Parental abuse — when you feel threatened by your child in any way — is a sensitive topic that may leave parents or caregivers feeling frightened and confused. Parents are often embarrassed or ashamed to discuss it outside the family, fearing that it suggests they’ve done something wrong or have failed the child in some way.
Left unaddressed however, violent verbal altercations can escalate to physical abuse and even tragedy.
What Is Parental Abuse?
Adolescent or teen violence, when perpetrated on moms, dads, grandparents, guardians or other caregivers, is the essence of parental abuse. The cycle typically begins with verbal threats, but rarely stops with words. Over time, if ignored, verbal threats often elevate to physical violence.
During the turbulent teen years, children may defy authority and test their boundaries with parents. When children’s bad behavior persists over time, they may attempt to exert control with swearing, threats, pushing or kicking. They may punch walls, throw things or attempt to hit you or other family members. Abuse may involve stealing money or property and even threatening or harming family pets.
Understand Your Parental Responsibility In The Situation
Growing up, your child has many influences. Genetics contribute to children’s development, but their environment exerts as much or more influence on behavioral patterns.
Having witnessed violence or abuse, or having been a victim themselves, increases a teen’s likelihood of perpetrating harm on others. Your child may be abusing alcohol or drugs, or lack self-control.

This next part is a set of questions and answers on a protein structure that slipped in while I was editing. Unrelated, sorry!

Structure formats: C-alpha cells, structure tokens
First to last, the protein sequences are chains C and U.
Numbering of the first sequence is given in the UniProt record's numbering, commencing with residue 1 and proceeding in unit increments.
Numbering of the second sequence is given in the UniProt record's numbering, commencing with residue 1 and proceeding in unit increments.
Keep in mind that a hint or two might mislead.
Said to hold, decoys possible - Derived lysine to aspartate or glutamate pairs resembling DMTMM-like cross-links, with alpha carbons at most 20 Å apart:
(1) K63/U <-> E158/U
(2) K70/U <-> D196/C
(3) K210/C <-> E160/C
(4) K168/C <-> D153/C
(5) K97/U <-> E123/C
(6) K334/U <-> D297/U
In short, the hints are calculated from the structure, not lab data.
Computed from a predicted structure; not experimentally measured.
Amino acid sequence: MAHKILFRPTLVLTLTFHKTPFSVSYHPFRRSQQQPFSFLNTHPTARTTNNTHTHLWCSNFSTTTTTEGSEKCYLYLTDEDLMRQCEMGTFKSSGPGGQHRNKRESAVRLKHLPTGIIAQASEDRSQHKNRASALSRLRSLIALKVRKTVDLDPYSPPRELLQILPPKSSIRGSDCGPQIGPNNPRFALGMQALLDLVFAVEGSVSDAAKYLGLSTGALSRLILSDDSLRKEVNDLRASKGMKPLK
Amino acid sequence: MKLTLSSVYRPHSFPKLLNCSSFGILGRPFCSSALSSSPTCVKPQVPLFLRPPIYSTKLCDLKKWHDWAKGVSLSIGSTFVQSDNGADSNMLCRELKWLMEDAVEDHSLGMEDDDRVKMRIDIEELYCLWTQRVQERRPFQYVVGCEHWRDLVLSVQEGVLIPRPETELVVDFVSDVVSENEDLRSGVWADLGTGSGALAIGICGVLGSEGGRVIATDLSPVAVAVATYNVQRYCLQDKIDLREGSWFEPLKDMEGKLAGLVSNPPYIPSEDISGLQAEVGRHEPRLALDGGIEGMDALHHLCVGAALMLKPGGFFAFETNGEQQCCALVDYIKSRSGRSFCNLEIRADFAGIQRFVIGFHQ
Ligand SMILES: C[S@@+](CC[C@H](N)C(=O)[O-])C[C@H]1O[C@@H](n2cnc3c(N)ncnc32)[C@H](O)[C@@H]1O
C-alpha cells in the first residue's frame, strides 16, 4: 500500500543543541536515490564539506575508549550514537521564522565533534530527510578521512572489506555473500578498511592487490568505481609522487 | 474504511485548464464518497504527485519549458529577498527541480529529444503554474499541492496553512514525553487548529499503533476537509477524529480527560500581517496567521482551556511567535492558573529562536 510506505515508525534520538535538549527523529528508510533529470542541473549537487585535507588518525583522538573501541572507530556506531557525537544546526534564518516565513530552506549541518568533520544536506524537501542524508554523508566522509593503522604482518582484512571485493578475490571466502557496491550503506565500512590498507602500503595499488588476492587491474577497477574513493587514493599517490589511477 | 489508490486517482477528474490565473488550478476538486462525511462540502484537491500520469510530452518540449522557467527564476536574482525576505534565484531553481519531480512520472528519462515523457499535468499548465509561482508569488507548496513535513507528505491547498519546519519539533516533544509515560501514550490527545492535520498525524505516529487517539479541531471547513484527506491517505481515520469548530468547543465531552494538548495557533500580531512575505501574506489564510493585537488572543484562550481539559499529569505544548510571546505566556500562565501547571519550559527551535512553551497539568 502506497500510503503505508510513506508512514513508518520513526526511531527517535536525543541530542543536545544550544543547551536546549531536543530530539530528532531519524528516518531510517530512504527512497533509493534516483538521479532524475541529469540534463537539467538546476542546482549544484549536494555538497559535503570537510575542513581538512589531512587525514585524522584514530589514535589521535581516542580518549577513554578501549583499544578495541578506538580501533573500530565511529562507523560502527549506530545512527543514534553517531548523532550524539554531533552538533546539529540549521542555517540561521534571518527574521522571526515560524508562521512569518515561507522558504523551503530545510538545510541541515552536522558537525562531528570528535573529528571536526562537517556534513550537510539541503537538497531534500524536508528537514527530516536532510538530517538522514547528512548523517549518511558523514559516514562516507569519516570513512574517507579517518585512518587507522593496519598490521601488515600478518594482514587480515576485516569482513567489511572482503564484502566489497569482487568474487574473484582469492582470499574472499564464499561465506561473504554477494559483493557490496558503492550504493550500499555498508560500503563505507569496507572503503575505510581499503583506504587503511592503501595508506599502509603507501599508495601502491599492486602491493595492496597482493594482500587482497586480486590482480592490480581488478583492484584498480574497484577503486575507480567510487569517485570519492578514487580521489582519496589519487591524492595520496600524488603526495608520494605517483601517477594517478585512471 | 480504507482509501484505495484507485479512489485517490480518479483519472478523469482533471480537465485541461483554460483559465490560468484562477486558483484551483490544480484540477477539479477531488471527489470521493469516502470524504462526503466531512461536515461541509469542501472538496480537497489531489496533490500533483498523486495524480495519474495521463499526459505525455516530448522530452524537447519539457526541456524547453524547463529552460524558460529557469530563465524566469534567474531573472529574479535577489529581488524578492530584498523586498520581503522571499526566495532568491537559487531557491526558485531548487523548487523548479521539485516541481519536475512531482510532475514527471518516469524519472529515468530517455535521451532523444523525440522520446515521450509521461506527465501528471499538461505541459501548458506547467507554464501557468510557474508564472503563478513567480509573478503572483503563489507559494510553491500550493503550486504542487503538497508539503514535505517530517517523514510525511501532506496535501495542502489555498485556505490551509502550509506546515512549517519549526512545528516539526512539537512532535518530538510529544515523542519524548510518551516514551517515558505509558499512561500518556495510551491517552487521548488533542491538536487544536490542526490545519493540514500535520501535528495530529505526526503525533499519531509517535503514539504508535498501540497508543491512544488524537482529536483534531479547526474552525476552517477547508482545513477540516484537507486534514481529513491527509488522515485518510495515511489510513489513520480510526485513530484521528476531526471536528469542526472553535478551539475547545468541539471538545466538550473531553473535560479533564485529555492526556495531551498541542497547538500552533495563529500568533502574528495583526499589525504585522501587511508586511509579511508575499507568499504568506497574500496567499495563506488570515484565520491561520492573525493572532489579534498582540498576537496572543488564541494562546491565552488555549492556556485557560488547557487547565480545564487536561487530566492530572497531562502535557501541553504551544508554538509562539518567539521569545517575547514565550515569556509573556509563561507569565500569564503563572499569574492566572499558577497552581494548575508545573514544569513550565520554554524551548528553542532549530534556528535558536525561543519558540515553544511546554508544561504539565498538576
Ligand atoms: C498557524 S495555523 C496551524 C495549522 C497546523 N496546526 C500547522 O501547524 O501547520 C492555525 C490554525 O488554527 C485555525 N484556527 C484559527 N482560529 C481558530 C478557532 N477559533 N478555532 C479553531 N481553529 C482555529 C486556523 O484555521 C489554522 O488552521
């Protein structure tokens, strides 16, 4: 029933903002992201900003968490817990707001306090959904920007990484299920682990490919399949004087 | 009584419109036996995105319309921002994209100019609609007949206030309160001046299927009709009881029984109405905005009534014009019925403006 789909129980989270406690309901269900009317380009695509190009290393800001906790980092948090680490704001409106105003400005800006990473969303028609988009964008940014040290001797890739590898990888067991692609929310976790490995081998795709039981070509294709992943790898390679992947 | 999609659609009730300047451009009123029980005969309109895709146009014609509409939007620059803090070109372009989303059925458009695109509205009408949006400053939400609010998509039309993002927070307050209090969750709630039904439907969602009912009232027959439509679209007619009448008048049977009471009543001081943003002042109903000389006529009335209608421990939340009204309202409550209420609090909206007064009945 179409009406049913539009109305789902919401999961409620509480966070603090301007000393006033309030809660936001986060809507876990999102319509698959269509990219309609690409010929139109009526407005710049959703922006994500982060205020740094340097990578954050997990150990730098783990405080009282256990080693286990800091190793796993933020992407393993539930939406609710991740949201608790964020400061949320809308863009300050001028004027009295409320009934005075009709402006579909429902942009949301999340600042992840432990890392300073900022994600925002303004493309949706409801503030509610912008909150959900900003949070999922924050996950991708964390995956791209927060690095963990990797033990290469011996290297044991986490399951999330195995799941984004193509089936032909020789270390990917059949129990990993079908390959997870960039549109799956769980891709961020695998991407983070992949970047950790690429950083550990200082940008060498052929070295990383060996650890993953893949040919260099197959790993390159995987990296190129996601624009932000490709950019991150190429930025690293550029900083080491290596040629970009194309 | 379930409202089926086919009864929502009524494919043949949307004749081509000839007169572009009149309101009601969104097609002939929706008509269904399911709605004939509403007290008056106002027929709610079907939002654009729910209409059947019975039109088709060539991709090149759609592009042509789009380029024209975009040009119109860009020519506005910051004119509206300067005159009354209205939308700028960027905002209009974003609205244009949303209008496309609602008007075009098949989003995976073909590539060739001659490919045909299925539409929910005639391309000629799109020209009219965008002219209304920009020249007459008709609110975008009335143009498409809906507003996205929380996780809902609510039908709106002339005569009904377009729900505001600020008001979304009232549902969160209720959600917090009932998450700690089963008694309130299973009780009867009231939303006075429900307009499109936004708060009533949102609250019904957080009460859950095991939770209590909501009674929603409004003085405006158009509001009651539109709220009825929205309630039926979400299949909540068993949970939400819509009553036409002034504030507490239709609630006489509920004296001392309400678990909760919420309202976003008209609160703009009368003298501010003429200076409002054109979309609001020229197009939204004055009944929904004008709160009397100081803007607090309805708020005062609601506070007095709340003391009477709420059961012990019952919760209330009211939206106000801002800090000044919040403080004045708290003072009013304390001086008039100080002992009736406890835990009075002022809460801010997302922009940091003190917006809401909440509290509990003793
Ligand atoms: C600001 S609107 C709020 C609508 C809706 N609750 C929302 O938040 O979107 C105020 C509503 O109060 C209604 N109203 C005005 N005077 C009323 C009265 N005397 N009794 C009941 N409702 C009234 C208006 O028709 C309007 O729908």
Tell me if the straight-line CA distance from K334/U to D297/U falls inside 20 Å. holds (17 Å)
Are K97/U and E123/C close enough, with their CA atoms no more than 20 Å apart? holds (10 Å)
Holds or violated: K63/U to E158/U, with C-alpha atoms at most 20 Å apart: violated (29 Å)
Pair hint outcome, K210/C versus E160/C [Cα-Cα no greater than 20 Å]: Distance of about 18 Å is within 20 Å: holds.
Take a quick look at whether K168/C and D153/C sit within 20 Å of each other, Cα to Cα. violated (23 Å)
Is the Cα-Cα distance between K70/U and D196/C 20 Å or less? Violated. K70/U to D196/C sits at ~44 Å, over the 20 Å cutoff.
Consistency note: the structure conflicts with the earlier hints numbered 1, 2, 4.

In most cases, parents discover that mental illness or emotional disturbance is what’s fueling violent behavior and acting out at an extreme level.
We believe that for change to happen, the parent must take responsibility for the problems that they’ve enabled. There are some cases where the parents are not at fault, often with adopted children experiencing Reactive Attachment Disorder. However, many of our children are suffering with behavioral issues because of the neglect or mistreatment by their own parents.
Parents can often be in denial about their contributions to the emotional issues their children develop. Part of our therapeutic process is to open their eyes to what they have done incorrectly. Ultimately as parents, you are responsible for protecting yourself and your family and for seeking help for your abusive child. We are a great resource and can help you and your family find hope and balance.
Make Family Safety Your First Priority
Your safety is critical, but you may not be the only person in your home affected by teen violence. Other children, especially younger kids, are extremely vulnerable, and you bear the responsibility of keeping them safe.
Seeking help does not mean that you’ve failed your children; it simply means that you care enough to take action. Failing to do so may result in emotional or physical injury, or in the most extreme cases, death. Take any threats seriously and take prompt action, because this behavior rarely corrects itself.
Acknowledge that abuse is not simply a phase or a sign of a rebellious teen. Threats and abuse can indicate a serious mental disorder, and professional intervention is the only way to address it safely. Do not hesitate to contact the authorities if you feel threatened, and seek the assistance of a qualified mental health professional immediately.
If you feel that you are no longer able to control your troubled teen girl, contact Havenwood Academy. Our residential treatment programs are designed to address behavioral problems in adolescent and teenage girls. We will work closely with you and your family to find solutions and to restore trust and safety in the home.
Contact us today for more information about our programs and ways to help combat parental abuse.